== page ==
Friday, December 22, 2017

On Technology Training

I highly recommend checking out a recent article published in ASHA Perspectives (yes, you need to be a SIG member, by which you get access to the unified SIG Perspectives journal) Technology Training in Speech-Language Pathology: A Focus on Tablets and Apps (Edwards & Dukhovny, 2017). The article is specific to technology integration in clinical training programs in universities, but the information is relevant not only to those in higher education, but clinical supervisors and clinicians in general. A few key points:

  • The authors site many rationales for integrating apps in intervention, including "client motivation, streamlined data-capturing, potential cost savings compared to printed materials, and the particular intervention advantages of visual, dynamic, and interactive presentation."
  • The goal of their work was also avoiding tech integration pitfalls such as "unclear paths to generalization," distracting features within apps, and focusing on implementation at the expense of client needs, as well as our field's tendency to utilize word of mouth and lay user reviews rather than more clinically oriented information.
  • The article recommends that "students and faculty need structured educational opportunities ranging from explicit instruction to guided exploration of relevant technologies."
  • It is noted that limited documentation is available on apps (at least within developer-provided information) and it is unlikely that studies will be conducted on low-cost resources. Consider also (my note) the recent death of hundreds of apps with iOS 11 and our need to always race against obsolescence.
  • Through a process of pre/post surveys and an AT "open house" at the university, the authors describe a process of instructing student clinicians on available resources and provide a rubric by which clinicians need to request new apps be made available with specific detail on their relationship to client needs.
Overall, the article represents an important (peer-reviewed!) comment on the state of technology integration in our field and outlines strategies and the need for training within clinical education programs. Of course, like all of us I would like to see more research emerge on apps, but continue to think it is unlikely for it to be widespread given the reasons sited above (low cost of resources, cost of research, transience of apps and their discrete functions). I can see why the authors would feel the need to say that evaluation rubrics do "not substitute for peer-reviewed intervention research." An additional point I would make is that the use of rubrics should be expanded beyond app requests and be made less "optional" than within the context described, though providing workshops and app request procedures for students is a great start. Truly, education within each course area should include information on technology and critical app evaluation (see my FIVES criteria). A use of rubrics in this way would promote alignment with clinical expertise and client values, the other prongs of EBP.  The authors also briefly mention how clinicians repurposed apps such as Quizlet, and I of course endorse the clinical opportunities connected to these apps, as this is the primary focus of this website.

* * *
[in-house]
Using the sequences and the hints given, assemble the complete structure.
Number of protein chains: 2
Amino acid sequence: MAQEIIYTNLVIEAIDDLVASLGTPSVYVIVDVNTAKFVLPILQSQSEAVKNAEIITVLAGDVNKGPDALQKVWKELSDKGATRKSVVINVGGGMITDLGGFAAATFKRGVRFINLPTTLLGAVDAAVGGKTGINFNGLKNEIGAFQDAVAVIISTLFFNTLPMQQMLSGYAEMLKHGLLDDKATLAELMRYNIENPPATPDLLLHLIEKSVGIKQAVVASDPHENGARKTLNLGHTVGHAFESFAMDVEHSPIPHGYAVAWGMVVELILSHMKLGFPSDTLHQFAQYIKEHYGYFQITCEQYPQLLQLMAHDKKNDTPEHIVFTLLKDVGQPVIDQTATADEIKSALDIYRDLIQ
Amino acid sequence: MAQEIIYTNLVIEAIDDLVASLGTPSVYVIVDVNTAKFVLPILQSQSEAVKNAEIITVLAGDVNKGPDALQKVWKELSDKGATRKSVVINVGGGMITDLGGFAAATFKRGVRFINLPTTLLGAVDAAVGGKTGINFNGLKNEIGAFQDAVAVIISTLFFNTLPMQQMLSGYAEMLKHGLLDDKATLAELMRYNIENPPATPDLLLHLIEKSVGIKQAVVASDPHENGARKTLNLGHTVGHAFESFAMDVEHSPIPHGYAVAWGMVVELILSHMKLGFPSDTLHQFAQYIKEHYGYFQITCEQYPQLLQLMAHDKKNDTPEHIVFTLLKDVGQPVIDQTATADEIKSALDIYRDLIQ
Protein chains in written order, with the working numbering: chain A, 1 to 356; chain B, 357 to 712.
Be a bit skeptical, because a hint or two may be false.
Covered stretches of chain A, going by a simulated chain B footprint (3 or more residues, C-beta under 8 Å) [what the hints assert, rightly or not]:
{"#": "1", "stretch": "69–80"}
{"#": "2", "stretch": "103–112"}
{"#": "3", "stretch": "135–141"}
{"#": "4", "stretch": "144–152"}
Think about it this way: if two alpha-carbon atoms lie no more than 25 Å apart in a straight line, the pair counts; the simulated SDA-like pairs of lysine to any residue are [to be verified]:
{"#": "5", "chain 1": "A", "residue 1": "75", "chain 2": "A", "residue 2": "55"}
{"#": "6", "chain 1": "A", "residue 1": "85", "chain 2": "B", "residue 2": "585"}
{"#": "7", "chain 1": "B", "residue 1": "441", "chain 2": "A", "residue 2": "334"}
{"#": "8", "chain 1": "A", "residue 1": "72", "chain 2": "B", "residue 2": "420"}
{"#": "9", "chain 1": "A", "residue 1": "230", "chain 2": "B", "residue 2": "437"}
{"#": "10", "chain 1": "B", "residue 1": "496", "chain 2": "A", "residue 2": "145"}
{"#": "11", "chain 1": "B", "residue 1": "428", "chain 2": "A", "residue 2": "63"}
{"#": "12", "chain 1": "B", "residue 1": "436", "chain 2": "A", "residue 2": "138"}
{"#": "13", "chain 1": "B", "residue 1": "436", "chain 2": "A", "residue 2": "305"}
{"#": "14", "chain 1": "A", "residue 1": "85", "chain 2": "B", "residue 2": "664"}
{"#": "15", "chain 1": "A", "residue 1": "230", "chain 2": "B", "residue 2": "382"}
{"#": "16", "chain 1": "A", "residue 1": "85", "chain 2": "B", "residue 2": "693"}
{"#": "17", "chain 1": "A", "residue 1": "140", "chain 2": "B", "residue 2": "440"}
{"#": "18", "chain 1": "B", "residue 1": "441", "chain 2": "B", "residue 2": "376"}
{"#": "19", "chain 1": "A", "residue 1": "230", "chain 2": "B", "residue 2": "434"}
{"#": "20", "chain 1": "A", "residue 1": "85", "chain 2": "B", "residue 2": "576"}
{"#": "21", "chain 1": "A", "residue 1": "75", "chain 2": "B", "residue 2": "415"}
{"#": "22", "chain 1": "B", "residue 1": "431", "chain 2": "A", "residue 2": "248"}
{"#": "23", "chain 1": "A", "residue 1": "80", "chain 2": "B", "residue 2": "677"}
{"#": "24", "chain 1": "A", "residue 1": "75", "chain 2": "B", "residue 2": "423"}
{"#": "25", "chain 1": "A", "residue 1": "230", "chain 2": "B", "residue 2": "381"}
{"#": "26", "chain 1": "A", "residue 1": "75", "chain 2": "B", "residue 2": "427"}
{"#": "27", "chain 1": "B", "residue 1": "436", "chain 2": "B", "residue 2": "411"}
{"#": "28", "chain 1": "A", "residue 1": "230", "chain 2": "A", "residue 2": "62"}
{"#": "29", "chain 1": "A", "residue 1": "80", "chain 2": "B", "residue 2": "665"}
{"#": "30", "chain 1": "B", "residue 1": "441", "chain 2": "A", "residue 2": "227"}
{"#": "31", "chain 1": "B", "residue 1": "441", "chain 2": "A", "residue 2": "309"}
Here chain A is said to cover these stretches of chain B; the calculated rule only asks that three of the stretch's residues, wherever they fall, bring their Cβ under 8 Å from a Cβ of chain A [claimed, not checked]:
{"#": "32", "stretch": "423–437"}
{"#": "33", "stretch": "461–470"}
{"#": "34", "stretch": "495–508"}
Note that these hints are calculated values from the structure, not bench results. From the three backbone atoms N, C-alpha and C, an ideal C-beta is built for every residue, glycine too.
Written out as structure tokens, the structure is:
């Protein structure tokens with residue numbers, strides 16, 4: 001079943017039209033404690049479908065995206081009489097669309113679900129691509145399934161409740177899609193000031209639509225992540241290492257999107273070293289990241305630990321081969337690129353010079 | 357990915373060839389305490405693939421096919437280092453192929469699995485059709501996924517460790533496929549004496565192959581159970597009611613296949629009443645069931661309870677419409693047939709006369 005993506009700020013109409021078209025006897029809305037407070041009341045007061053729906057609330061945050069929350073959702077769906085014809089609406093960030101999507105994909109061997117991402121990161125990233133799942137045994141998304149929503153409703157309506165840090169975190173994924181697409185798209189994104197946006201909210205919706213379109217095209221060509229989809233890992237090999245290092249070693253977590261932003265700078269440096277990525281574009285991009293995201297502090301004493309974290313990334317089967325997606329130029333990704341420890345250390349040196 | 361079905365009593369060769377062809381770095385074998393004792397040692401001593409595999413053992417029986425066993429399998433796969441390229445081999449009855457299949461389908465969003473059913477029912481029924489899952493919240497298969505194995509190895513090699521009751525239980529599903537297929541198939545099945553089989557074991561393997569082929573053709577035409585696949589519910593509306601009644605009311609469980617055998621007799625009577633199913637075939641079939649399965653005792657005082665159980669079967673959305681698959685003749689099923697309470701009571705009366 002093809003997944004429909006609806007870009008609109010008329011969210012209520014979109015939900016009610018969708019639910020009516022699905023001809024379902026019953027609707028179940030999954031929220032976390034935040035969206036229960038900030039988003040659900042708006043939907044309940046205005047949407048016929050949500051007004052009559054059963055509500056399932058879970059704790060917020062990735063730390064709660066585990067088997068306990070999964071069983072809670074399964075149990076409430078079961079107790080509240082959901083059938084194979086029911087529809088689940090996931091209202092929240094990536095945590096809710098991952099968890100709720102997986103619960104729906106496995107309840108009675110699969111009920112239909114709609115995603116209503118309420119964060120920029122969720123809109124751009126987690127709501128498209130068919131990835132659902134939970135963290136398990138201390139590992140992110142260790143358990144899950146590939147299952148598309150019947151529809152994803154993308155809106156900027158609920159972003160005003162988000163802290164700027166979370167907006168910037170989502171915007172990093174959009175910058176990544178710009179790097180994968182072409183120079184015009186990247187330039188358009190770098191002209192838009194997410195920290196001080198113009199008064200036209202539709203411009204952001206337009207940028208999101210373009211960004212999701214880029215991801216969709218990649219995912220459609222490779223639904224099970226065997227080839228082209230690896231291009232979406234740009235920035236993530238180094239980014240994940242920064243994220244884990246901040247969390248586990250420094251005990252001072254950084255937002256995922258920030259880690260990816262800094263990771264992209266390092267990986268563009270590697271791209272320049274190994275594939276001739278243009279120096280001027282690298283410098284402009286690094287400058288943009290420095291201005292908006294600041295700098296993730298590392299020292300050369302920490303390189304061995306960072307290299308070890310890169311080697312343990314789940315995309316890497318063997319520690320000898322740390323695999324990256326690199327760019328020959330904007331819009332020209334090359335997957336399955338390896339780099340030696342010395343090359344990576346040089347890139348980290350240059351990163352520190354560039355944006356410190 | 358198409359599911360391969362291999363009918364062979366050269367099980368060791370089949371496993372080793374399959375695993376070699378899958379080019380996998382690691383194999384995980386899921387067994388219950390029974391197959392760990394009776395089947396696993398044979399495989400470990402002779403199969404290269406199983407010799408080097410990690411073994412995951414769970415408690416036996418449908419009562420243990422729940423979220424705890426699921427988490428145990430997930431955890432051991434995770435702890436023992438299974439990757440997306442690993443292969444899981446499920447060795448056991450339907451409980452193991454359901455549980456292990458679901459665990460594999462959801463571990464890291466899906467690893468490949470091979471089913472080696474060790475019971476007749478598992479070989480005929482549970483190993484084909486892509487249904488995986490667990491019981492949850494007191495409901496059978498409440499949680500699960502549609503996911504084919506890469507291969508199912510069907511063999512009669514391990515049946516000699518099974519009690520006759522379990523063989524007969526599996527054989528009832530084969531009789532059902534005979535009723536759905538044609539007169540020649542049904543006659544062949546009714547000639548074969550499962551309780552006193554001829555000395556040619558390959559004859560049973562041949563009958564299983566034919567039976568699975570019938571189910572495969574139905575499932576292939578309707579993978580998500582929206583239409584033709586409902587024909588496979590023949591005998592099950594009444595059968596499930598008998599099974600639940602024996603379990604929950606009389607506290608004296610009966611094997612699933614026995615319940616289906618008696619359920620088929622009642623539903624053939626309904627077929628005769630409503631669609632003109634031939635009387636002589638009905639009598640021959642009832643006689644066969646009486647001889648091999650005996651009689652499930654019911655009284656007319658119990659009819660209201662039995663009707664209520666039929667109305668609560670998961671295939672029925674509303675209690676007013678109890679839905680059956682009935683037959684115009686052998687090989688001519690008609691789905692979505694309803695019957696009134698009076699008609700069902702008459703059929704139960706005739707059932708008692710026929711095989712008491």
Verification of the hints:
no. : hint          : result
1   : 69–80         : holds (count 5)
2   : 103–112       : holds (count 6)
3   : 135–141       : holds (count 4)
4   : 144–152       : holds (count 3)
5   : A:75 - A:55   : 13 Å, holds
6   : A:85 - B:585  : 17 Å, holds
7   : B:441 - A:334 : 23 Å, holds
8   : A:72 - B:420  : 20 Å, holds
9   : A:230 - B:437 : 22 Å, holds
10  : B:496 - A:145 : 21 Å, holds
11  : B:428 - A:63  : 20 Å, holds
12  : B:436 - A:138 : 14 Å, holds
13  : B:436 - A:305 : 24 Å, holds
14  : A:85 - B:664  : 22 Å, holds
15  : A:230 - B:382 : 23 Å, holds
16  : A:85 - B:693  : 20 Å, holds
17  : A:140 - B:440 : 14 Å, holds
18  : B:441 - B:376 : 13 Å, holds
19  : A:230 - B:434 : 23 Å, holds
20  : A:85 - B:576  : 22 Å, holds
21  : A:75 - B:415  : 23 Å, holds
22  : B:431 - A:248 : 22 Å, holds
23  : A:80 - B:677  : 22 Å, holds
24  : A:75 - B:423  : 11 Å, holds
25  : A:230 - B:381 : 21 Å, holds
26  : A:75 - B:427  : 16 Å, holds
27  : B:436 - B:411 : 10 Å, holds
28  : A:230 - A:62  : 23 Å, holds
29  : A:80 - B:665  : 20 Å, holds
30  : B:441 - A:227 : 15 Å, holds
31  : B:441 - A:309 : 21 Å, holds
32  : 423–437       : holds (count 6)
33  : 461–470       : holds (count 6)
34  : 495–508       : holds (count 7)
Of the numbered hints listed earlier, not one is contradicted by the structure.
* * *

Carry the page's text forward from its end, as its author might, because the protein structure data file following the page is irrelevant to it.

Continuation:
See it at:
Edwards, J. & Dukhovny, E. (2017). Technology Training in Speech-Language Pathology: A Focus on Tablets and Apps. Perspect ASHA SIGs, 2 (SIG 10), 33–48. doi: 10.1044/persp2.SIG10.33

3 comments:

  1. The difficulty with rubrics is that they can be very subjective and time consuming. I am really hoping that my feature matching checklist will be used in order to align the features offered in the app with best practice. What I love about this article is the need to start thinking more deeply and perhaps critically about the value that an app can bring to therapy.

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